Diane Dimond: Earth to Donald Trump: Words matter
Would you do business with someone who routinely exaggerated his or her abilities? Someone who, in the course of trying to sell you something, said things that were cocky, vague or just not true?
Clearly, it would be foolish to buy anything from a person like that. Lying about the goods and services to be delivered in the course of doing business is a crime. It’s fraud at worst, false advertising at best.
Keep this in mind as you listen to Donald Trump on his I’m-bigger-and-smarter-and-stronger-and-richer-than-everyone-else campaign for the White House. Too bad he’s selling himself instead of, say, one of his skyscraper apartments, because if his promises were all about a real estate deal one might have legal recourse.
Trump repeatedly says he’s worth “in excess of $10 billion.” Forbes says it’s more like $4.5 billion; a Bloomberg analysis pegs Trump’s fortune at $2.9 billion. With a wave of his hand Trump declares that everyone else is wrong and he is right.
He blithely tweeted out a bogus crime statistic recently claiming blacks had killed 81 percent of white murder victims. The FBI says that’s dead wrong. White citizens were murdered by other whites 82 percent of the time. Did Trump apologize? Nope; that’s not his style.
He also never explained why his grandly promised endorsement from 100 black pastors never materialized. Gee, I wonder why.
Now Trump has made what smells like an extortion demand for $5 million before he’ll appear at the next presidential debate on CNN. Does Trump believe running for president is like negotiating his old contract for a reality TV series? Does his self-glorification have no bounds?
By now we’ve all heard Trump swearing he saw “thousands and thousands” of Muslims in Jersey City, New Jersey, celebrating as the twin towers smoldered. No matter that the claim has been roundly declared false by government officials and extensive searches of newsroom archives. The man who wants to run America stubbornly insists he has a “great memory” and everyone else has forgotten the event.
How many blustery false statements does it take before this man is seen for what he is?
Trump supporters say they admire his shoot-from-the-hip pronouncements. They apparently don’t see that he keeps shooting himself in the foot. A full 70 percent of those polled see through Trump’s braggadocio and do not support him. I bet that number grows as his fact-dodging continues and Americans begin to tire of his shallow just-leave-it-to-me-and-everything-will-be-OK act.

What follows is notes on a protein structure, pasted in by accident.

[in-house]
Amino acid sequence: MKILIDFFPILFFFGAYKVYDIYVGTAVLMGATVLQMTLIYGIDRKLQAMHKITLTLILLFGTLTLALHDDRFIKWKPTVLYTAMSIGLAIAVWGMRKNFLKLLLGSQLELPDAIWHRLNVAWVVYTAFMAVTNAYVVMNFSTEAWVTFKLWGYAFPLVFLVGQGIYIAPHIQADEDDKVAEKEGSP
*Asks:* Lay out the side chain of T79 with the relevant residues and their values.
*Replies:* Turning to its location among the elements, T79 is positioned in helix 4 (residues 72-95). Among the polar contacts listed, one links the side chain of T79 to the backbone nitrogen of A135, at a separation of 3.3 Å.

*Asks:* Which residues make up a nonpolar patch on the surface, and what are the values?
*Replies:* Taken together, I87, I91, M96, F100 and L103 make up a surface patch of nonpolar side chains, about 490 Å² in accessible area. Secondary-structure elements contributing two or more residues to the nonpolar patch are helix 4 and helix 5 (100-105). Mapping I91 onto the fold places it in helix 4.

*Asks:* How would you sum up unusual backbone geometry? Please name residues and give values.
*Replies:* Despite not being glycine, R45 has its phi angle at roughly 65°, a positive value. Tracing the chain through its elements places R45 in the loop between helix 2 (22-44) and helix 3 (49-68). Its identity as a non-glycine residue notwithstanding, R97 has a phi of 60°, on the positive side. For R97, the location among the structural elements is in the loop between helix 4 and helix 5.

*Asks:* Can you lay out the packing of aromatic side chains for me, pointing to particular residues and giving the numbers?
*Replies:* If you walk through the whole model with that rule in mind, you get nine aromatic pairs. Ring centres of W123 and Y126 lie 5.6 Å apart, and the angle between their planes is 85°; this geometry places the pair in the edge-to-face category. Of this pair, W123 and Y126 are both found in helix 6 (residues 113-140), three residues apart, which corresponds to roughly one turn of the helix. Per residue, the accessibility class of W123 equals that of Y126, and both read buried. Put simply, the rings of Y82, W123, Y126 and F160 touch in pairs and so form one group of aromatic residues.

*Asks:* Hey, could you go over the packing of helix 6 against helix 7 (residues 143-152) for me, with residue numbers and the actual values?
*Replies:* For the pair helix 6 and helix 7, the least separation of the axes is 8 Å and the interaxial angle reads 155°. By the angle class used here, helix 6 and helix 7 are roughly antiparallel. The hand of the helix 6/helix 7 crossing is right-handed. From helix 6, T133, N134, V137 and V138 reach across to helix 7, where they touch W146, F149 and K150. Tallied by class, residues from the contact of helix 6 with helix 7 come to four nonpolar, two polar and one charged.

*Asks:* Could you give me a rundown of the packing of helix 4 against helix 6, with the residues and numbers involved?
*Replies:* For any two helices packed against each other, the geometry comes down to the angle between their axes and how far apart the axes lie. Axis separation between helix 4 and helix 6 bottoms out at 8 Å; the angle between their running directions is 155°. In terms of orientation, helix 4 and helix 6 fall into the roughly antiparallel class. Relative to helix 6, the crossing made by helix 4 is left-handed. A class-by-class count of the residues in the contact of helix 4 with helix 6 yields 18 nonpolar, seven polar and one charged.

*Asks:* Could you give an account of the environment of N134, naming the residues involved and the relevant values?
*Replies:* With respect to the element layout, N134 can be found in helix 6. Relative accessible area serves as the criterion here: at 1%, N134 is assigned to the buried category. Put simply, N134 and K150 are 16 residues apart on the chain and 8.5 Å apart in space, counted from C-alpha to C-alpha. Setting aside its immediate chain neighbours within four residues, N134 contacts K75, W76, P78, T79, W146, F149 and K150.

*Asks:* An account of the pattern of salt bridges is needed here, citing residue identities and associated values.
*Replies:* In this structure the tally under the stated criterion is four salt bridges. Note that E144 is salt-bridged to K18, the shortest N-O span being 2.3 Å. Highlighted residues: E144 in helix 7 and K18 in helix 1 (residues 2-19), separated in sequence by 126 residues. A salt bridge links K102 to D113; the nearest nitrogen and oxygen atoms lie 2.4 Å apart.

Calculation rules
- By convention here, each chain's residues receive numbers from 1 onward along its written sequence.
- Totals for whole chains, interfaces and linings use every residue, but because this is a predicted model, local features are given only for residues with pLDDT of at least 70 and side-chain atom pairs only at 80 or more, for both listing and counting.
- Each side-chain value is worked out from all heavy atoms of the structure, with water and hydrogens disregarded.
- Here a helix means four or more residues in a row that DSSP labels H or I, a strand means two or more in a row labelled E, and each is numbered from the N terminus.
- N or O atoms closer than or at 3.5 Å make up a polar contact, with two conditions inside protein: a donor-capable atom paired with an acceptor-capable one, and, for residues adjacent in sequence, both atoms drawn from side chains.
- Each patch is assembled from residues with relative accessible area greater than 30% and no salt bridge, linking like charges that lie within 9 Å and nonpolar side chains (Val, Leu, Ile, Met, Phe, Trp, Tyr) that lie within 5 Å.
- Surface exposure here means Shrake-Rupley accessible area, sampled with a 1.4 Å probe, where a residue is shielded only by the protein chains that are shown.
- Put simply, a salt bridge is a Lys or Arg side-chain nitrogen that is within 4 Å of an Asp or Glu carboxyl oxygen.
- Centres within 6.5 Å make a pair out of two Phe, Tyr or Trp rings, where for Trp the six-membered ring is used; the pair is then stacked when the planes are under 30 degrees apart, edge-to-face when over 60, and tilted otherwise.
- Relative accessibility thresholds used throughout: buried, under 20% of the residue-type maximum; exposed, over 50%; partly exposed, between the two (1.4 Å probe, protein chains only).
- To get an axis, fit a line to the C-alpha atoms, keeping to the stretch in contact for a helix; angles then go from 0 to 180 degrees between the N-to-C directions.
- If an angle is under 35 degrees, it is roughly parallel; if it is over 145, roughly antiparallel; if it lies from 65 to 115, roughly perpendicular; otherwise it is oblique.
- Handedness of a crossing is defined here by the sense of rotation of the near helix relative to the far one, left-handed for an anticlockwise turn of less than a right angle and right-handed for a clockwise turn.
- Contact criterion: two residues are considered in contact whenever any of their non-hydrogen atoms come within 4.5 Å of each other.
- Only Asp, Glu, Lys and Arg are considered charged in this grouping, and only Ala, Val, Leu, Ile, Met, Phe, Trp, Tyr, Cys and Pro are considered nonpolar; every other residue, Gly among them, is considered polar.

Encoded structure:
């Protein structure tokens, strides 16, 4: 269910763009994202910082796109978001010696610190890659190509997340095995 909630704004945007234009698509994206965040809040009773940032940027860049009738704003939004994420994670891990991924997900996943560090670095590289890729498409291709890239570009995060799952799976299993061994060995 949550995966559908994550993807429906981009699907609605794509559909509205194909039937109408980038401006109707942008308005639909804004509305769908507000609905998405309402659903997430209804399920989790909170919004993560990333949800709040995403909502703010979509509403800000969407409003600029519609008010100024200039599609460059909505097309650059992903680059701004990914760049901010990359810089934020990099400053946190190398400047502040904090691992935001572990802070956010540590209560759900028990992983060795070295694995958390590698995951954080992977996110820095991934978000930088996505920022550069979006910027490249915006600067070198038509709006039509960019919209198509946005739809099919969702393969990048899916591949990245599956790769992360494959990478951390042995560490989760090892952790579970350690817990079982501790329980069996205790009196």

The world already knows what Trump thinks of Mexicans crossing into the U.S. “They’re bringing drugs … crime … they’re rapists,” he famously said. His disdain for women became apparent when he said of his opponent Carly Fiorina, “Look at that face! Would anyone vote for that?” Muslims living in America realize he is not their friend after he declared, “I want surveillance of these people!”
And while he denies it now it is pretty clear Trump was, in fact, mocking a disabled reporter when he mimicked journalist Serge Kovaleski, who suffers from a congenital joint condition that caused his wrists to wither and his body to jerk. Trump defended his shake-filled performance saying he has no idea what Kovaleski looks like. The reporter says, “Donald and I were on a first-name basis for years.” Who’s lying?
Trump has alienated many blacks, Hispanics, women, Muslims, the disabled and lots of others who keep waiting to hear details of exactly what the country would look like under a Trump presidency.
How would Trump’s non-compromising personality mesh with an already combative Congress? Can a man who is used to getting his way effectively negotiate peace with an obstinate world leader like, say, Russian President Vladimir Putin? Diplomatic skills aside, should Americans feel comfortable that a man who conducts business by bullying sits within arm’s reach of nuclear launch codes?
A Trump presidency would surely be filled with the same kind of verbal bombast and made-for-TV sound bites that his campaign has featured.
Asked how he’d right the shaky U.S. economy Trump declared, “I will be the greatest jobs president that God ever created.” On his trade policy, “I will beat China. I always beat China.” And what does he say is the key to his immigration policy?
“I would build a great wall, and nobody builds walls better than me.”
Bragging does not a sound public policy make. In business you can bluster. In politics the fate of the world is at stake.
At first Trump seemed like the antidote to all those bland-speaking politicians. But now The Donald’s act is as tiresome as a used car salesman who won’t let you test drive the car but keeps assuring you everything will be just fine. Maybe we need a lemon law for politicians.
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